Linked by Thom Holwerda on Wed 5th Oct 2011 20:36 UTC, submitted by zizban
BeOS & Derivatives Oh gosh, finally news that's got nothing to do with patents or smartphones or the comparing of male sexual organs. Haiku news! Michael Lotz has added preliminary support for WPA to Haiku, taking the first steps towards making the Haiku wireless stack a lot more useful.
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Comment by peteo
by peteo on Wed 5th Oct 2011 22:09 UTC
peteo
Member since:
2011-10-05

Haiku makes me a sad potato.

I used BeOS R5 professionally for years, and I really enjoyed both the OS in itself, and the kit api's. So when Haiku started up years ago, I was really happy to see a BeOS clone happening.

But now, 10 years later, it's still a LONG way from being finished, and it's now a hopelessly dated OS in so many ways, which will be even more true 10 years from now when it's presumably reached 1.0.

As a hobby OS developer myself I can totally appreciate the enormous amount of work involved. Alas, with todays extremely fast advances in hardware, useful OS's is not in the realm of small projects and tiny means.

Haiku would be a neat OS. In 1998.

Reply Score: 4

RE: Comment by peteo
by churlish_Helmut on Wed 5th Oct 2011 22:23 in reply to "Comment by peteo"
churlish_Helmut Member since:
2010-04-12

... And Haiku will become a great OS. Sooner or later :p

Really... i never used Beos or Zeta or whatever.
But first time i used Haiku, it got an Place in my heart somehow, because it is some fine OS...

I mean, this is my only opinion, but you know: Its cheaper than Windows, nicer than Mac OS, and more useful (on the desktop) than Linux... and that by now. So the last years were really good invested.

Reply Parent Score: 1

RE[2]: Comment by peteo
by peteo on Wed 5th Oct 2011 22:35 in reply to "RE: Comment by peteo"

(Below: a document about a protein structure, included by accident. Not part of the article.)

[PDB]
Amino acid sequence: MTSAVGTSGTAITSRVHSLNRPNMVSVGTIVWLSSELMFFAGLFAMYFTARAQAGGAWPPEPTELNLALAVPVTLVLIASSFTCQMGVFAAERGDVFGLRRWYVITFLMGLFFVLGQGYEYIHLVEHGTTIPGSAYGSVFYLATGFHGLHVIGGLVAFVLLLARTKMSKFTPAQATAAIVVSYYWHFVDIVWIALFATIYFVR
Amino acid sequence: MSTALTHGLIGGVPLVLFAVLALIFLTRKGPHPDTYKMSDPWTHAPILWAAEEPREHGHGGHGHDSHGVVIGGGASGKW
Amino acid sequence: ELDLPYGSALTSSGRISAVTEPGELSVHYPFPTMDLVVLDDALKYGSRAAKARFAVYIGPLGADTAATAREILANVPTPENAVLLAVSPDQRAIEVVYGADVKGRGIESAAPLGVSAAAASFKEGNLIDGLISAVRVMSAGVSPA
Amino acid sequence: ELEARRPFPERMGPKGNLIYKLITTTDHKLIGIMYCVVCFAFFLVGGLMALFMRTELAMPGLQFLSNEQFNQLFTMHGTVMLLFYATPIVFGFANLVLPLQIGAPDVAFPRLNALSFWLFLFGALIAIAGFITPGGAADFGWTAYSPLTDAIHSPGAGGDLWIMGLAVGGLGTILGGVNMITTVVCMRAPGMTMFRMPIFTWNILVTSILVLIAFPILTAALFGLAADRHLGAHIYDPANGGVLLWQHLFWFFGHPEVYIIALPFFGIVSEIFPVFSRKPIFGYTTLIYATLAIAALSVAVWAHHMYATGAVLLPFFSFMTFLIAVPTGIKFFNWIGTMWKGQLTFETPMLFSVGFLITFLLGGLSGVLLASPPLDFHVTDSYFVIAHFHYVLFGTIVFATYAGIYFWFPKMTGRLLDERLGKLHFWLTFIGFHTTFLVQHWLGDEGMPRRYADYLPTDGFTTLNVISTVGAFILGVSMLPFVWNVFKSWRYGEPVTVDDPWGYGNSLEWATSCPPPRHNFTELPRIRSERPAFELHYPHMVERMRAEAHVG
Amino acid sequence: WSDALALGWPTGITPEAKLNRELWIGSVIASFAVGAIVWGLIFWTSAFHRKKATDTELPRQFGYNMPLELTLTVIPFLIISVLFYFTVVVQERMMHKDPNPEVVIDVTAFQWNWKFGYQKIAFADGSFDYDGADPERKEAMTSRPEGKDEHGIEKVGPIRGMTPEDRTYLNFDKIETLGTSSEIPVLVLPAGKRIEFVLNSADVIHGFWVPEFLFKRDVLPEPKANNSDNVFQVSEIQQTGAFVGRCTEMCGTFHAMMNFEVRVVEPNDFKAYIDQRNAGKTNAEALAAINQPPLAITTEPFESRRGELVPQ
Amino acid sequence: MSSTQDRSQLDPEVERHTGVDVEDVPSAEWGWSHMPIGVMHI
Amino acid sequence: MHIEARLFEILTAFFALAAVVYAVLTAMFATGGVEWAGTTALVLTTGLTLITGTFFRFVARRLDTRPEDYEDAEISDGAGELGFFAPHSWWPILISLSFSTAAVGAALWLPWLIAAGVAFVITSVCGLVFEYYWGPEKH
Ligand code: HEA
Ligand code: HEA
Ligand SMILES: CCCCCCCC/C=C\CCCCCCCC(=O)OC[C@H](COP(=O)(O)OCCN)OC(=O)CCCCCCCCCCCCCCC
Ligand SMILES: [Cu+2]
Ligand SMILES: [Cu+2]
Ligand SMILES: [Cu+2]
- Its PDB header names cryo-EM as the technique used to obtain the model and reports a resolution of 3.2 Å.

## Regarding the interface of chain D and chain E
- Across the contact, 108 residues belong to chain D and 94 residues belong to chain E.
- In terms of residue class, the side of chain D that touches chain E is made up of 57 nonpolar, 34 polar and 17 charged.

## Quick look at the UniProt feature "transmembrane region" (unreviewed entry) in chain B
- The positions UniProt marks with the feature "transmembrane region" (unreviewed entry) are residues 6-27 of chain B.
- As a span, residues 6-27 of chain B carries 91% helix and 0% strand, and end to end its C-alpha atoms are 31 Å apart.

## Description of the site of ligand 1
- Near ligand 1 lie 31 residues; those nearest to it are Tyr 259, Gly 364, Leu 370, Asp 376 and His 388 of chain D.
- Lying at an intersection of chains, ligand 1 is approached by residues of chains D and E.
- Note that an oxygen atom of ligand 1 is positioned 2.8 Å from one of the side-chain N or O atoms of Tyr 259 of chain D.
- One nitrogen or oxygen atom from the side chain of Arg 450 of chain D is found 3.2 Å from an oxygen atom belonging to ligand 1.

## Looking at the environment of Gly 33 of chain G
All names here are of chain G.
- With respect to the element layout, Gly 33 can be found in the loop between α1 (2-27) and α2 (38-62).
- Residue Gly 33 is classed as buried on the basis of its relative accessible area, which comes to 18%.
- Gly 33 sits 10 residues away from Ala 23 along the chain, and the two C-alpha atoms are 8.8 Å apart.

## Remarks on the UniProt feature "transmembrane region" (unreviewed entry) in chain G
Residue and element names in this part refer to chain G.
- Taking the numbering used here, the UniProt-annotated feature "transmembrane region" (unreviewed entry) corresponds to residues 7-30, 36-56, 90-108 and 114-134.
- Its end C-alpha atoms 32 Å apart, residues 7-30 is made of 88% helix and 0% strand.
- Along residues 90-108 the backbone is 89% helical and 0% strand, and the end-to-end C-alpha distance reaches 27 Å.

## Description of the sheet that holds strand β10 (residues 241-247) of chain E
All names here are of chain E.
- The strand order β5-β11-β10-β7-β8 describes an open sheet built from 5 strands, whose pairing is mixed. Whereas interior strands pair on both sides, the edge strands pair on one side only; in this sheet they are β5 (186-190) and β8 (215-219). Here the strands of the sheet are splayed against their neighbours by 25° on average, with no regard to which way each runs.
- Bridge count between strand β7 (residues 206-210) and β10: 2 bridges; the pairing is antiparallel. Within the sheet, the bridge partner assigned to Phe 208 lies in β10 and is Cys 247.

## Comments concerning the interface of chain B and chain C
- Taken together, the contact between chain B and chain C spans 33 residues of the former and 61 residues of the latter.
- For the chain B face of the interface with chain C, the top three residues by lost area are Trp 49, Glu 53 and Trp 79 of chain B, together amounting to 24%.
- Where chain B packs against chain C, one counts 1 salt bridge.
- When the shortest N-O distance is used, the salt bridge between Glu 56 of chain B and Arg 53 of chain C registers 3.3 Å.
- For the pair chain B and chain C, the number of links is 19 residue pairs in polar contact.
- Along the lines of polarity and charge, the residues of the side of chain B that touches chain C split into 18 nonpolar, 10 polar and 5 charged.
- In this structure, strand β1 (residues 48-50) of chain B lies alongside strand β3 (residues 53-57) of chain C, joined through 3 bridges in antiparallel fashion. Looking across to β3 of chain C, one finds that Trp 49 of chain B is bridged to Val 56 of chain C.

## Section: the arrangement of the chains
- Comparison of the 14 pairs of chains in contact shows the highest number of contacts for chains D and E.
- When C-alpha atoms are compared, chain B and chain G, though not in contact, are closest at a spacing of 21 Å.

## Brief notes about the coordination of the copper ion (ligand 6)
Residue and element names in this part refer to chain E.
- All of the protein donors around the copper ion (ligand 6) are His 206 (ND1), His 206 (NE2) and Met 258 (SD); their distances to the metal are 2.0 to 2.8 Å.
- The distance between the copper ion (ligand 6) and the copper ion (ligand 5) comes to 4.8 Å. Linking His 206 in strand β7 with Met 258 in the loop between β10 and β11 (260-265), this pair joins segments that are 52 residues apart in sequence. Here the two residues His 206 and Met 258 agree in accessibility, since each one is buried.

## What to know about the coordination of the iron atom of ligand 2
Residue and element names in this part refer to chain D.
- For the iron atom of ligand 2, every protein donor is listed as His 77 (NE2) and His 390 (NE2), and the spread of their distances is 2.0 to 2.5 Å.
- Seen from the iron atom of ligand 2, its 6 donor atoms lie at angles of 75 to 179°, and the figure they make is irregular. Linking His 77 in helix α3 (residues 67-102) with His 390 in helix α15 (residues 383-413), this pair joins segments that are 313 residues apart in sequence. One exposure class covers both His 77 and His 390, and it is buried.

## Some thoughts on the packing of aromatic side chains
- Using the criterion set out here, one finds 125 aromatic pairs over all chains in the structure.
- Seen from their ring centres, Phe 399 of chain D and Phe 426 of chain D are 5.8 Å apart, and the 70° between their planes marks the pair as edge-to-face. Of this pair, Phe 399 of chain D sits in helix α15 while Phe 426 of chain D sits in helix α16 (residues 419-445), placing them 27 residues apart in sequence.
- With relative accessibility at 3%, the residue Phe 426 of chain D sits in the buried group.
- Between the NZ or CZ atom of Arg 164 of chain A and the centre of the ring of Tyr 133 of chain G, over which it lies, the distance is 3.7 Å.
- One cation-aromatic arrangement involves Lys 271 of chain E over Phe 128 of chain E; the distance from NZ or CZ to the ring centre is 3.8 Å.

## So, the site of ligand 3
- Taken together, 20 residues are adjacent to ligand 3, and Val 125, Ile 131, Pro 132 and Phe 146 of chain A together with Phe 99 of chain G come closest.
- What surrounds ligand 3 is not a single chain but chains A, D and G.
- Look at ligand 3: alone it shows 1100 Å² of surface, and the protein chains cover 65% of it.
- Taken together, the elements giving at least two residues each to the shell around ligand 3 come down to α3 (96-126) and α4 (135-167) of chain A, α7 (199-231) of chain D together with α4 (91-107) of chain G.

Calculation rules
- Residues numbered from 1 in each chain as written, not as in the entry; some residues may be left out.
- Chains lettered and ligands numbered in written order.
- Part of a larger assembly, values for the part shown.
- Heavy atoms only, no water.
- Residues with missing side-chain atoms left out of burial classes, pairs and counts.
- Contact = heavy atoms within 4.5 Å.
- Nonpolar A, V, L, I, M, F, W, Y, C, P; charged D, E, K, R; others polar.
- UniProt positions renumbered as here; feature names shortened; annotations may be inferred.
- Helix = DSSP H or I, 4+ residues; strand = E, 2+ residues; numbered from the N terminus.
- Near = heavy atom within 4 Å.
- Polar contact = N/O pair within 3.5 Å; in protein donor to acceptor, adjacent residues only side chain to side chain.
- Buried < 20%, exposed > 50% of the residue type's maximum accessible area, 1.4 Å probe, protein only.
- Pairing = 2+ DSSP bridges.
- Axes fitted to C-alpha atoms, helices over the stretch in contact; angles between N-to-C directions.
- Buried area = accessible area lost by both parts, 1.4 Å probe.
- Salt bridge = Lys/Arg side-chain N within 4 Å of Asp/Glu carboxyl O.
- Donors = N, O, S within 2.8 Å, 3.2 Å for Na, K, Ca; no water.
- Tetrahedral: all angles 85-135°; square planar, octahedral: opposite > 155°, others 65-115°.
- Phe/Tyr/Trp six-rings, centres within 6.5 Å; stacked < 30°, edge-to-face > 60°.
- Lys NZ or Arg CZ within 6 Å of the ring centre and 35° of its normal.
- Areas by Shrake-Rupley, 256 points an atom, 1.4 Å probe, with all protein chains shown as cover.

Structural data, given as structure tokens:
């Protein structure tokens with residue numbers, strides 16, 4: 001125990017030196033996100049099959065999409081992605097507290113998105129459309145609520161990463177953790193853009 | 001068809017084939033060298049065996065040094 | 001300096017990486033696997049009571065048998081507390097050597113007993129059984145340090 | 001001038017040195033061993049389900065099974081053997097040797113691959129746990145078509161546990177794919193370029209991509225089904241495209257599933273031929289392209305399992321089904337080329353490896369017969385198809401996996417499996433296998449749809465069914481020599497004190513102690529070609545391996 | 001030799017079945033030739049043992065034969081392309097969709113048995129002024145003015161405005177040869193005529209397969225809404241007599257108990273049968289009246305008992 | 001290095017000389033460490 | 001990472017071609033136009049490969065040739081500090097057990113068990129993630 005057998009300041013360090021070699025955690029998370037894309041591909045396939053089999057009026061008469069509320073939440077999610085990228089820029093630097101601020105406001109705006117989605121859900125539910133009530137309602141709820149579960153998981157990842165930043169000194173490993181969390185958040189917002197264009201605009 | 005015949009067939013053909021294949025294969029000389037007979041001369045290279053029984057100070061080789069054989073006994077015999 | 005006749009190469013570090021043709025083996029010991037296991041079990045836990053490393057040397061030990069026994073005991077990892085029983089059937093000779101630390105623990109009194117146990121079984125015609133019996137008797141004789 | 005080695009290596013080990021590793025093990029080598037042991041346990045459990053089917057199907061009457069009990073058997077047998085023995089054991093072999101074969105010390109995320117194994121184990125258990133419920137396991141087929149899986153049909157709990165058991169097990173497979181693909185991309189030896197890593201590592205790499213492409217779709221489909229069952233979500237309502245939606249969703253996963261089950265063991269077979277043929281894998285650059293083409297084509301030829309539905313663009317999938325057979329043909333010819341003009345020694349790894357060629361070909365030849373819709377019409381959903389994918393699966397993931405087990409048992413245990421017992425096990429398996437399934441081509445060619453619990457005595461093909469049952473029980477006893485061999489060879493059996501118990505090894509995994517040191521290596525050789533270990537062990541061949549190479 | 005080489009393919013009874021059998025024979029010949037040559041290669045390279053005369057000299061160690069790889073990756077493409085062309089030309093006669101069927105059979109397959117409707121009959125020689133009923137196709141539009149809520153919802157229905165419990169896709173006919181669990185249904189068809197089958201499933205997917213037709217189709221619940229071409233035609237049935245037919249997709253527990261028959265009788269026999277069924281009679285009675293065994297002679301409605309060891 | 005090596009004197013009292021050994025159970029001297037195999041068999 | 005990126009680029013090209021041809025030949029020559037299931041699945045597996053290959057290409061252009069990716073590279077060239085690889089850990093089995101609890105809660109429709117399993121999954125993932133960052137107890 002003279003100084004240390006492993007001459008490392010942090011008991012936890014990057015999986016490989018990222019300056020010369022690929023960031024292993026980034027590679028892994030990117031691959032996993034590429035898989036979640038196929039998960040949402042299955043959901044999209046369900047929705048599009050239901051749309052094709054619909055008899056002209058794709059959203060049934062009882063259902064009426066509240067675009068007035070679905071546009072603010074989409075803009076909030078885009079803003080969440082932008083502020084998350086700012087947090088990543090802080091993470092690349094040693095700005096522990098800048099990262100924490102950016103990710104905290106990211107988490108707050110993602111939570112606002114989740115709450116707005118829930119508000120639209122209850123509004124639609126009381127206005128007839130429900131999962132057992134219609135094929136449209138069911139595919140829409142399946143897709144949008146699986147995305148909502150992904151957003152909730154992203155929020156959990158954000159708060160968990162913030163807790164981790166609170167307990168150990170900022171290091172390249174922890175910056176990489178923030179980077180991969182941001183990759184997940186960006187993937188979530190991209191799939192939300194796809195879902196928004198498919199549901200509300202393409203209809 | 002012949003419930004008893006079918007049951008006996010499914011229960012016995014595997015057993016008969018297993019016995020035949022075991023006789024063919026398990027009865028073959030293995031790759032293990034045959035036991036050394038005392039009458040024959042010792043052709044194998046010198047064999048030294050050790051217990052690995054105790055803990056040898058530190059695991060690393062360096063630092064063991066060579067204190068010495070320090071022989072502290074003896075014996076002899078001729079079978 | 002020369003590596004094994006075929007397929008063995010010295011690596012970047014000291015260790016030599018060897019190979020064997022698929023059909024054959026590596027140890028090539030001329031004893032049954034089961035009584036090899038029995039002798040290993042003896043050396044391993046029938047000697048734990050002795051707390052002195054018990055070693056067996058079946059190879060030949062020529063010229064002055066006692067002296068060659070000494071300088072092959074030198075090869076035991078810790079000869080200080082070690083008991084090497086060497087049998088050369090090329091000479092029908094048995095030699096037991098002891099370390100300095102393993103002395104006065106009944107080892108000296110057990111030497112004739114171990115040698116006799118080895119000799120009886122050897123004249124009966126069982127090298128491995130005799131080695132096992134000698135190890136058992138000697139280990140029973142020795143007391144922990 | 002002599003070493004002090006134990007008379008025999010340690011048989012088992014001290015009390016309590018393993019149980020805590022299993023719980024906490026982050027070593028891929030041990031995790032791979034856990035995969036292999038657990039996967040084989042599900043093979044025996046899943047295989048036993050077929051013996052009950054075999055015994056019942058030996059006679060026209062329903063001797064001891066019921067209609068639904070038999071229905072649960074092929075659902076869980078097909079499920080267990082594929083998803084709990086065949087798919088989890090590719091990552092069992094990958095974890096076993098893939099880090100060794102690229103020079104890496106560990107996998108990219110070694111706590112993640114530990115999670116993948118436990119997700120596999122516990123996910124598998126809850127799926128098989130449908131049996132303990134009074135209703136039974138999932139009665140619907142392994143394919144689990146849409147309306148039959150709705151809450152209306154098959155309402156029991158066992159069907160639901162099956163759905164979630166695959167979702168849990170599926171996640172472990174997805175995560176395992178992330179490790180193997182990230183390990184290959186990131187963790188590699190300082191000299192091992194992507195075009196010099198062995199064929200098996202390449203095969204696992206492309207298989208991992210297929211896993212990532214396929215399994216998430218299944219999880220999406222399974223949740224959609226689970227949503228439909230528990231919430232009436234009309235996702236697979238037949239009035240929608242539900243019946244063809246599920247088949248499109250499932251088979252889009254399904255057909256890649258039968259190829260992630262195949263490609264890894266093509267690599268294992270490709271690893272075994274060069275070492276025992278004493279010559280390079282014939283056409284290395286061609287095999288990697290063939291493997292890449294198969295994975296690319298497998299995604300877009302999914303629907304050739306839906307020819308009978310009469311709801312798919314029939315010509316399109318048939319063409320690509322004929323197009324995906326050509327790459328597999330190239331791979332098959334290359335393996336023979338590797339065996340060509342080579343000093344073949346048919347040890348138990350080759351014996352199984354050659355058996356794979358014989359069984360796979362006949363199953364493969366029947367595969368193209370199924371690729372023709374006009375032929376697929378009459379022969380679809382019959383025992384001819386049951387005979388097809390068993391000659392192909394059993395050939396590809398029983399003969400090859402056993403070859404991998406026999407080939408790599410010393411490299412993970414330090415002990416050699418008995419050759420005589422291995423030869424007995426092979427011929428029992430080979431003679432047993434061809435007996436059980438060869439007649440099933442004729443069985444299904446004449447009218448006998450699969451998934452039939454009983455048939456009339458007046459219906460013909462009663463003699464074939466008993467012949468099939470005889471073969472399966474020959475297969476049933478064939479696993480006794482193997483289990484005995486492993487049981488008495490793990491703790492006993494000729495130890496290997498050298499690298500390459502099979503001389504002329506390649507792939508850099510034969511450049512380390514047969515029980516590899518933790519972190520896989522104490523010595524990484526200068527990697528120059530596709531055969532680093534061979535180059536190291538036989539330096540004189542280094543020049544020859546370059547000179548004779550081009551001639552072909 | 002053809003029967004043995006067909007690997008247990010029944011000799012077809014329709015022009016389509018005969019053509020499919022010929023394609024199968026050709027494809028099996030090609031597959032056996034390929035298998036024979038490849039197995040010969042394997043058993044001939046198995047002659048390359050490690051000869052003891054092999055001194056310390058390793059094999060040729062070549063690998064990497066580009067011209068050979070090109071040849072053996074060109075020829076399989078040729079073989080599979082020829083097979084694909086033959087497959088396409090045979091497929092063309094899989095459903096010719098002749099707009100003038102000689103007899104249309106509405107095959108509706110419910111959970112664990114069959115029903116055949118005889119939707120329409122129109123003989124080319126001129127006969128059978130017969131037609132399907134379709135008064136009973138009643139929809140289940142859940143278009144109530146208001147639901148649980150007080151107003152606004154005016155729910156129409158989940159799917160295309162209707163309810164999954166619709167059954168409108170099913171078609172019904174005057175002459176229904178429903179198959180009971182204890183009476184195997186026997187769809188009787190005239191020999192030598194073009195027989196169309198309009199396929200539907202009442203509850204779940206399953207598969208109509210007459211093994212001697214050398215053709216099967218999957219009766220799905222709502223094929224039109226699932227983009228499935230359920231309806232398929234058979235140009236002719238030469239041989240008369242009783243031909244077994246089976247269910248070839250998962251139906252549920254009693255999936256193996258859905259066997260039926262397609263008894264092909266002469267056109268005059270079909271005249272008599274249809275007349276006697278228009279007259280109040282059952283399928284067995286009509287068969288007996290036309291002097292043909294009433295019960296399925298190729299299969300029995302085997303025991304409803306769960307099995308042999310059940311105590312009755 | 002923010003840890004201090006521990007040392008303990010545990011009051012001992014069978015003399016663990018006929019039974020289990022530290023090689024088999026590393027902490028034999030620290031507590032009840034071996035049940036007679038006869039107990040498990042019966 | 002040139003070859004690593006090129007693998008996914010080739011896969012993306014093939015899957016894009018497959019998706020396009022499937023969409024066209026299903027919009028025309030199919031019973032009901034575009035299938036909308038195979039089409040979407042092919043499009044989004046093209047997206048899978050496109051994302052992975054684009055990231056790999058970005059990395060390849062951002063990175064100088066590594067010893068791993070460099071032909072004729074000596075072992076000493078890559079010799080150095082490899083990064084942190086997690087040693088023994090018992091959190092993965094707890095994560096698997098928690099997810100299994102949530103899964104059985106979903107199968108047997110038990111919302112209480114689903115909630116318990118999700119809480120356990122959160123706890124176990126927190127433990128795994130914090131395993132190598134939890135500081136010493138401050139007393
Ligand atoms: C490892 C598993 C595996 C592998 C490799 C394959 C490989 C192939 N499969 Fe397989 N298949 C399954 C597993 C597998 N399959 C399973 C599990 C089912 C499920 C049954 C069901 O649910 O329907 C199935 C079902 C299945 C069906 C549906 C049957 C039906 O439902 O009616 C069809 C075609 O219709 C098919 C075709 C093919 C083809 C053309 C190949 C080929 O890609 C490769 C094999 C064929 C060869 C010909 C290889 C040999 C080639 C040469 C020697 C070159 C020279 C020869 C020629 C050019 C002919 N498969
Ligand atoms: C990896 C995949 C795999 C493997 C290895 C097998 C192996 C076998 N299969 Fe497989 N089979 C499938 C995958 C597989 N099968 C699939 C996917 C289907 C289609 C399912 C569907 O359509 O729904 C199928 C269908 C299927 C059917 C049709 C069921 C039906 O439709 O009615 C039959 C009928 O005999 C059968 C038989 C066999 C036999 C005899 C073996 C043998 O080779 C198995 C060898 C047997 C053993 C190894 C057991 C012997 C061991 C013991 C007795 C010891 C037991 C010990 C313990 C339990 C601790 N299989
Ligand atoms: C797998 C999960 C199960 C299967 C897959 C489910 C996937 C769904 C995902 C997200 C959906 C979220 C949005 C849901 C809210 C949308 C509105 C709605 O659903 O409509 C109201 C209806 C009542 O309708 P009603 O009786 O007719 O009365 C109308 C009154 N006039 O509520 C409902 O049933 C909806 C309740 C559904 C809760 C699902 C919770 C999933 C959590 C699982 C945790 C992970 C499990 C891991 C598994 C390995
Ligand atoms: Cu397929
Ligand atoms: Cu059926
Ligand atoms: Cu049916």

peteo Member since:
2011-10-05

Its cheaper than Windows, nicer than Mac OS, and more useful (on the desktop) than Linux....



Well, that's the problem. Windows ships with every PC (so essensially "free"), Mac OS X is certainly nicer than Haiku and - let's face it - Haiku is NOT currently more useful than Linux on the desktop.

Reply Parent Score: 6

RE: Comment by peteo
by v_bobok on Wed 5th Oct 2011 23:10 in reply to "Comment by peteo"
v_bobok Member since:
2008-08-01

Haiku would be a neat OS. In 1998.


You seem upset...

Reply Parent Score: 1

RE: Comment by peteo
by Earl C Pottinger on Thu 6th Oct 2011 02:30 in reply to "Comment by peteo"
Earl C Pottinger Member since:
2008-07-12

How is it dated?

Using Windows 7 or Macs I feel like the OS is fighting me at times, sometimes to the point that it does the opposite of what I want/expect.

Example, under Windows 7 and using Google I had problem saving some pages, the html files end up being saved as tmp files. But if you force them to open with a browser you can still read them.

Trying to tell the OS to open with browser must be ten times harder than under Haiku-OS.

Edited 2011-10-06 02:35 UTC

Reply Parent Score: 1

RE[2]: Comment by peteo
by BluenoseJake on Thu 6th Oct 2011 21:08 in reply to "RE: Comment by peteo"
BluenoseJake Member since:
2005-08-11

You're blaming Windows for your own incompetence. Did you even think of renaming those files? Do you mean by "using Google" that you saved those files with Chrome? Wouldn't that be a problem with Chrome? Windows thinks that .tmp files are temporary files, and they are.